Artists Monica Camilao and Xara Thustra pose at their Museum of Art and History exhibit “Infinite Other.” Photo by Lluvia Moreno

The hood of an old truck painted with neon roses. A woven Maidu basket pulled from the museum’s archives. Visitors drawing, stamping and conversing as they create their own artwork to add to the exhibit. “Infinite Other” presents an immersive installation where visitors are encouraged to share their stories and make the personal, political.

Artist collective MCXT debuted “Infinite Other” at the Santa Cruz Museum of Art and History (MAH) on Oct. 5, on its monthly free First Friday. MCXT is a partnership between Bay Area artists Monica Canilao and Xara Thustra, who sourced locally found objects and rebuilt them into sculptures designed specifically in and for MAH’s gallery space.

By creating interactive experiences, Canilao and Thustra hope to break the mold of traditional museumgoing. Instead of enforcing rules — telling visitors not to touch anything or to observe rather than experience — MCXT encourages participants to imbue the work with meaning by interacting with it up close and personally.

“We both very much rely on engagement and wanting people to feel like they can be involved in what we’re making,” Canilao said. “The MAH is specifically an interactive museum, so this [exhibition] required part of something that we were already interested in, but pushed this extra element.”

The installation’s central mural emphasizes social engagement by combining a lighthearted aesthetic with politically charged phrases. Viewed up close, the brightly colored walls consist of a constellation of abstract patterns and stamps reading “stop men.” Viewed from afar, the large scale text reads “NO MORE PRISONS.”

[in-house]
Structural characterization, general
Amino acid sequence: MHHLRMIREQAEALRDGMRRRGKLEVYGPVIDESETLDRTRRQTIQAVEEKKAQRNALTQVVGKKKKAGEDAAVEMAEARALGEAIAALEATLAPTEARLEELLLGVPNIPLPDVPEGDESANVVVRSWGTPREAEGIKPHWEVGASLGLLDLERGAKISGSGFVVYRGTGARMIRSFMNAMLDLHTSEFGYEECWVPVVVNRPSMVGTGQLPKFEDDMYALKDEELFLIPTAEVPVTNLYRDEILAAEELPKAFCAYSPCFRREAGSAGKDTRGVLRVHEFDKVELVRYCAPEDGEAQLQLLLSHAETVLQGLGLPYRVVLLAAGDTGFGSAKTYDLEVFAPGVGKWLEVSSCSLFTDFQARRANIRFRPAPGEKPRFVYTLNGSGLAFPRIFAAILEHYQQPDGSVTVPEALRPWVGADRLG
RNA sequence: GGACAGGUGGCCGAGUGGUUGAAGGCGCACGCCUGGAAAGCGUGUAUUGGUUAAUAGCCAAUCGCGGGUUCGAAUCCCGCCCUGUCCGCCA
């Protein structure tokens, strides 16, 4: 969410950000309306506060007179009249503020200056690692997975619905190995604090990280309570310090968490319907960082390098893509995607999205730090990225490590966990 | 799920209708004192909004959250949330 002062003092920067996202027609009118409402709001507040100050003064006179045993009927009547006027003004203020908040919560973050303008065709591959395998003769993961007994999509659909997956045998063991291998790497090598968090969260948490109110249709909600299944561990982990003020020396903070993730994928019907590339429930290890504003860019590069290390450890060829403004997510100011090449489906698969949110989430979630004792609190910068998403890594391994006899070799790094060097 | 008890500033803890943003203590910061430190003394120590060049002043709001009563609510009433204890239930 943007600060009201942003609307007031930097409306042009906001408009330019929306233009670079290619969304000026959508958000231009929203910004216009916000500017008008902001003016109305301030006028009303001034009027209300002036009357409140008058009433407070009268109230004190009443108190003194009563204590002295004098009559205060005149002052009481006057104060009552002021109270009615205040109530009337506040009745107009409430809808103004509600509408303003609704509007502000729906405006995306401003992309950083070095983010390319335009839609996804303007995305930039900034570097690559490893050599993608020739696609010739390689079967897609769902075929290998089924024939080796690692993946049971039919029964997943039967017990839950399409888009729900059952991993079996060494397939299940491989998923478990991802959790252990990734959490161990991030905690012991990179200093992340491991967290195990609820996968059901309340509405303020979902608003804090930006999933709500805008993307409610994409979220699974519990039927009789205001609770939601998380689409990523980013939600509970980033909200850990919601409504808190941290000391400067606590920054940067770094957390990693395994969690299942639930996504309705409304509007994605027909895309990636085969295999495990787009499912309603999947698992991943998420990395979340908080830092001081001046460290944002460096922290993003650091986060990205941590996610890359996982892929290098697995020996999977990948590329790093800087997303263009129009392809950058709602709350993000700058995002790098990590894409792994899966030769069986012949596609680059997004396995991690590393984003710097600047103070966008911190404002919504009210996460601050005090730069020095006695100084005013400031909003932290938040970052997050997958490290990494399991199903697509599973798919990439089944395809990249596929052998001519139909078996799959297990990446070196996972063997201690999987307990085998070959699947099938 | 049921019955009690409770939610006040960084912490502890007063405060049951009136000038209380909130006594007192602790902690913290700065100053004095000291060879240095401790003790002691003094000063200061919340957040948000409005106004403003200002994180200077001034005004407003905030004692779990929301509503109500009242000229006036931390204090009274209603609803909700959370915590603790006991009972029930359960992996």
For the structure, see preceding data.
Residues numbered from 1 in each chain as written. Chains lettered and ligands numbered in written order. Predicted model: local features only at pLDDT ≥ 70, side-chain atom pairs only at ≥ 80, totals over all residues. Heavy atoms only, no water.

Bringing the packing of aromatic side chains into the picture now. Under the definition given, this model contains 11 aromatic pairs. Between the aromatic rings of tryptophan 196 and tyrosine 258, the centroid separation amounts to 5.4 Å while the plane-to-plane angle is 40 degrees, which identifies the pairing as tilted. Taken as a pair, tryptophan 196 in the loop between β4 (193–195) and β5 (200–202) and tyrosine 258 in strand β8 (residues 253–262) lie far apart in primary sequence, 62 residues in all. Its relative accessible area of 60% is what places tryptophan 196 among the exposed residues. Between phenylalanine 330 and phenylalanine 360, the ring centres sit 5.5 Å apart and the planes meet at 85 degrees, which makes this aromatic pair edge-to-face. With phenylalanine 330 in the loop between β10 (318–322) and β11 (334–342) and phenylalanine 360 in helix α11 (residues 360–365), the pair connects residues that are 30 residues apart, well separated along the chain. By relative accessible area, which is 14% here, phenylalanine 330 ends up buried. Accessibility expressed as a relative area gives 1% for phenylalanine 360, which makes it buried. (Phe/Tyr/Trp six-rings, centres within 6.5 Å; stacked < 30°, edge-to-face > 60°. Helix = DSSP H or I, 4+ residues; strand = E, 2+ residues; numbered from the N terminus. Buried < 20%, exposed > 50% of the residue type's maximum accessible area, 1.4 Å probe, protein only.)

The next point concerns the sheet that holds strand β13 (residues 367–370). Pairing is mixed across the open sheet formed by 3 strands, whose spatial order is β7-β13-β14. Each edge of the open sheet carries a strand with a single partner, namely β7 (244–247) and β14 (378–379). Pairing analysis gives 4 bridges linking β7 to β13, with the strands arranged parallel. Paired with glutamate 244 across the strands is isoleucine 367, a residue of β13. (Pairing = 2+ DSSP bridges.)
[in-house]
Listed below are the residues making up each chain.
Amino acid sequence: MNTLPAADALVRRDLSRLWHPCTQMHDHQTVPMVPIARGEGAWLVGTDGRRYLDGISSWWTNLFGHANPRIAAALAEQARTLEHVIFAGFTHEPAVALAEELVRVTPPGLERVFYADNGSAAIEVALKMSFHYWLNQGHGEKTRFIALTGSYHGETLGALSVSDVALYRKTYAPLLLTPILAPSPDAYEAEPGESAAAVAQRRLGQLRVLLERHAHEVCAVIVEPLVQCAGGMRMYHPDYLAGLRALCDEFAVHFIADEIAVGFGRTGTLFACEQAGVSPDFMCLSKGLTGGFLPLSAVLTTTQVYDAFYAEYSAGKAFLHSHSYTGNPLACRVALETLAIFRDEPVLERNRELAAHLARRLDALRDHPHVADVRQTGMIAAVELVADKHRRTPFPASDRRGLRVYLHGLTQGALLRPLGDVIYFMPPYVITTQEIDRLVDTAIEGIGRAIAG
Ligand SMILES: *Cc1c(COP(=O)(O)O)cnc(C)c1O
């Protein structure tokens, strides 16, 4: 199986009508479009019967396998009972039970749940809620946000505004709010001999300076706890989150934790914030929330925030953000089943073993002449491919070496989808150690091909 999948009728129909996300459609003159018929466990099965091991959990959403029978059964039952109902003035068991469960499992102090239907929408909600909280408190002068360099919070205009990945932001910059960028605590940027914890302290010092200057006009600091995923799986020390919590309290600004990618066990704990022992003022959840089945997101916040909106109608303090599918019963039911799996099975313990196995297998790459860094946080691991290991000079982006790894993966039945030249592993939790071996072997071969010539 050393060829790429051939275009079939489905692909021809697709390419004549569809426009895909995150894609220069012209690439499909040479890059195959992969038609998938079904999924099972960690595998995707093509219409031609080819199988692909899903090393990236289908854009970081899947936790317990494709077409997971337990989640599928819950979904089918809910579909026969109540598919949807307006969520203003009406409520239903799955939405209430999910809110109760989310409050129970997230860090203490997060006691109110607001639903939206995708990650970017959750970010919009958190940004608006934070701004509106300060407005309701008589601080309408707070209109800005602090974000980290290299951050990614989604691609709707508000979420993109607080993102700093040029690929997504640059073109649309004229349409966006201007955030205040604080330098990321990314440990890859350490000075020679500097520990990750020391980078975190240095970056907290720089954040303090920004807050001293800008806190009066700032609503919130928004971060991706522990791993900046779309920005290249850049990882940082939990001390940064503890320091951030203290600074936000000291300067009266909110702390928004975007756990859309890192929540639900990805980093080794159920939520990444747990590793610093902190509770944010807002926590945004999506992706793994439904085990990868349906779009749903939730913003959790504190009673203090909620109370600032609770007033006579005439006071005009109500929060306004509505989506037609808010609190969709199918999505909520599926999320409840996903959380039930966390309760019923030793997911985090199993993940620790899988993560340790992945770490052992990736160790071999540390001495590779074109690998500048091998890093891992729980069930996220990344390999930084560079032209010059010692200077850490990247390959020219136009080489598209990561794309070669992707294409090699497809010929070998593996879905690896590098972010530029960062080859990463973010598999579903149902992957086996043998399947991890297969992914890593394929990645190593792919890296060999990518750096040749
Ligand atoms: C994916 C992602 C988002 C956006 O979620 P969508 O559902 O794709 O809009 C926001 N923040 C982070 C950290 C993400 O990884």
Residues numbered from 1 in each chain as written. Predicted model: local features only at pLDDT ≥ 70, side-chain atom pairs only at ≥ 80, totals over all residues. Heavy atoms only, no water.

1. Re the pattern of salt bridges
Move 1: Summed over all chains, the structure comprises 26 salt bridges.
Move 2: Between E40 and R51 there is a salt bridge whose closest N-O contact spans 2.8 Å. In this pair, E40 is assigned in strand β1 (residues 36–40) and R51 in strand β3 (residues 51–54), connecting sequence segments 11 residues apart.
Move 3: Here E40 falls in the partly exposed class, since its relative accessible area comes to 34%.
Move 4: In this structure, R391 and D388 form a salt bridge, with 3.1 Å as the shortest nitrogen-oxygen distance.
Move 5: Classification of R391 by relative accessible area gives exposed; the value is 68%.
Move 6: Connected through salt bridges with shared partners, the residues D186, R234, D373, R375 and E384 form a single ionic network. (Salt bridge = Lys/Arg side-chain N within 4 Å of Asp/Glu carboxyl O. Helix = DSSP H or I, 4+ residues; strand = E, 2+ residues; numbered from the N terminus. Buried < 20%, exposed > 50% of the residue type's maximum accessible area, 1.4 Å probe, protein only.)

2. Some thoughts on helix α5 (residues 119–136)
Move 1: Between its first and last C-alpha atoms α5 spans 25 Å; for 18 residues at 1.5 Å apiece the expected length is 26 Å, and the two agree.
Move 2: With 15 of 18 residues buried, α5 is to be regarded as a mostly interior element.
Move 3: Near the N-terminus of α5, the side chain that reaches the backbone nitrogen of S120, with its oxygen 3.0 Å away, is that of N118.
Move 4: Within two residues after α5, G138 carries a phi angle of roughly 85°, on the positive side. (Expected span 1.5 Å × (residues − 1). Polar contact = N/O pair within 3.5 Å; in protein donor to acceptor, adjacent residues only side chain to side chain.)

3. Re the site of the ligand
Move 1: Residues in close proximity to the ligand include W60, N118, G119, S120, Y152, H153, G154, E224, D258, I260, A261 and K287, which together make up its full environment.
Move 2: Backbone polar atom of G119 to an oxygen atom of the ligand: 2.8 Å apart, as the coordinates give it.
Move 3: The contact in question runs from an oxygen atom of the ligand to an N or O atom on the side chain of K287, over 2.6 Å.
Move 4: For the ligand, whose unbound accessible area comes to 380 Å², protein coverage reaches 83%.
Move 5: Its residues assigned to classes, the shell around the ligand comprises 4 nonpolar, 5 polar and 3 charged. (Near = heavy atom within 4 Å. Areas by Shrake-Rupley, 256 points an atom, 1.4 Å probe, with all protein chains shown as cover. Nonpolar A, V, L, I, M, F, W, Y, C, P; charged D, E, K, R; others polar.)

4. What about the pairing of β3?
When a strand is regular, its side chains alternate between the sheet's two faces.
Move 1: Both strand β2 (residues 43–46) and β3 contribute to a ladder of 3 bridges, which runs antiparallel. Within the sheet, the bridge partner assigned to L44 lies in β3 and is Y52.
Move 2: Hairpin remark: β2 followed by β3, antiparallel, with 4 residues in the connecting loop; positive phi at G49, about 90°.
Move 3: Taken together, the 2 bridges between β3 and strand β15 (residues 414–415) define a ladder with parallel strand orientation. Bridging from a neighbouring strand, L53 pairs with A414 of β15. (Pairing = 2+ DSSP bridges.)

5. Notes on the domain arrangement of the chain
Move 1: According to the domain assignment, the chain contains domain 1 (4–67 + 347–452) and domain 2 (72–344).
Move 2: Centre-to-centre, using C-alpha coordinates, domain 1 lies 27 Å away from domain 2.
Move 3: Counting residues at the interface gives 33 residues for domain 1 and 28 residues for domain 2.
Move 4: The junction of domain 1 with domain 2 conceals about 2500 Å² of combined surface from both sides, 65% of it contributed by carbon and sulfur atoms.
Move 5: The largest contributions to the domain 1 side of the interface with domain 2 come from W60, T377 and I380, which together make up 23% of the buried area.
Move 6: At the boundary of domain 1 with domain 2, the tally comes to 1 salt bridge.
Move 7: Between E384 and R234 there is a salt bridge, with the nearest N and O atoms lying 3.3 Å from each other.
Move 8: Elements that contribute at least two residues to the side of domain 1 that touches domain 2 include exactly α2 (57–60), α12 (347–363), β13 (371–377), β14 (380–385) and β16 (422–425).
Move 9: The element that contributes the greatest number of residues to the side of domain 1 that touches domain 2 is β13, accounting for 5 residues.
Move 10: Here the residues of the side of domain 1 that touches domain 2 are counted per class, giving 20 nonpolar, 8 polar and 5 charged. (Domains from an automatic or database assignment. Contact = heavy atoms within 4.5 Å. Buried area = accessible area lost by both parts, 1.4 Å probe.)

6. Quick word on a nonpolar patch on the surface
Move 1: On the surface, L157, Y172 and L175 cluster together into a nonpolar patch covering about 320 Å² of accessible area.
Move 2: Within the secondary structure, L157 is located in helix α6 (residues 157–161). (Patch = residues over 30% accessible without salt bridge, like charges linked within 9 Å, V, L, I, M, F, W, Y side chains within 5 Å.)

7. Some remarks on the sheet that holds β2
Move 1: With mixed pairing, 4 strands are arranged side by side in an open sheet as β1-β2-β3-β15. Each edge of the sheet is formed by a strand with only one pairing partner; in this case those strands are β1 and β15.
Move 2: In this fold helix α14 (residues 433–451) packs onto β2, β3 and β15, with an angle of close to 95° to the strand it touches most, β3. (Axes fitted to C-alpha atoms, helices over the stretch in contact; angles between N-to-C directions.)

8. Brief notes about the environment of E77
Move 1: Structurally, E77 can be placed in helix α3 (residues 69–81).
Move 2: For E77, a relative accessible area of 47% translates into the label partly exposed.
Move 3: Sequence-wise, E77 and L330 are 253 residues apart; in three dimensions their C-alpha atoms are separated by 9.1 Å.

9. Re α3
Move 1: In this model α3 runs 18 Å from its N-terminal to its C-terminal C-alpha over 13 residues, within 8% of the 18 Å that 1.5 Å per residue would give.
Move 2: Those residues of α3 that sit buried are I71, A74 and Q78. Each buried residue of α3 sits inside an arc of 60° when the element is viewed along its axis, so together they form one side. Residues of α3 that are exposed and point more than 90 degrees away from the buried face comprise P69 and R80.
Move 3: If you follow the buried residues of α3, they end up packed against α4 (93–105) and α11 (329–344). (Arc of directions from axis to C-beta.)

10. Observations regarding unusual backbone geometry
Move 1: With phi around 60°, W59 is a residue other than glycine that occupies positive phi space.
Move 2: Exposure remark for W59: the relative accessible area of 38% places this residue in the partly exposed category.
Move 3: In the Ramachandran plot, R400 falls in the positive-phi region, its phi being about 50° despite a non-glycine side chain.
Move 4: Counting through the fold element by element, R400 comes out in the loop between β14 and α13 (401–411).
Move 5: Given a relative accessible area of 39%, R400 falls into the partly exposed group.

“I felt that it was a great moment to bring in artists who represented a lot of kinds of work and themes and ideas that don’t usually get represented,” said MAH curator Whitney Ford-Terry. “[Women of color], trans women, people who are thinking about what it means to create space for ourselves and work for ourselves, and how do we share that with the world.”

MCXT and Ford-Terry included artifacts from MAH’s archives in the installation because both Canilao and  Thustra want their exhibition to speak directly to the community and display its history using recycled materials.

“[By] teaching art instead of business and consumerism, you engage with your inner self and you engage with play and creating rather than having just a consumerist culture,” Thustra said.

An expansive altar made from MCXT’s collection of found objects is built across the back wall of the gallery and brings together artifacts from the artists’ collection. Brightly colored wooden panels line the gallery wall and support shelves bearing flowers, feathers and photographs. According to MCXT, preserving objects makes them sacred and their altar speaks to this sentiment.

“The altar really captures [the spirit of the show] because folks are able to add and contribute to it and have that interaction,” said MAH community catalyst Victoria Lee. “And the artists and their friends found a lot of the objects — it is a collectively built space.”

The MAH’s free First Fridays allow for a diverse audience to participate in this kind of radical museumgoing — where visitors can appreciate art and cultivate strength and joy.

“We want to put people outside their everyday usual gaze, making money, working, walking down the street looking down all the time,” Canilao said. “We want people to be put out of their one view and the amount of colorfulness and joy and interaction between so many different kinds of elements within a space, have fun and be excited.”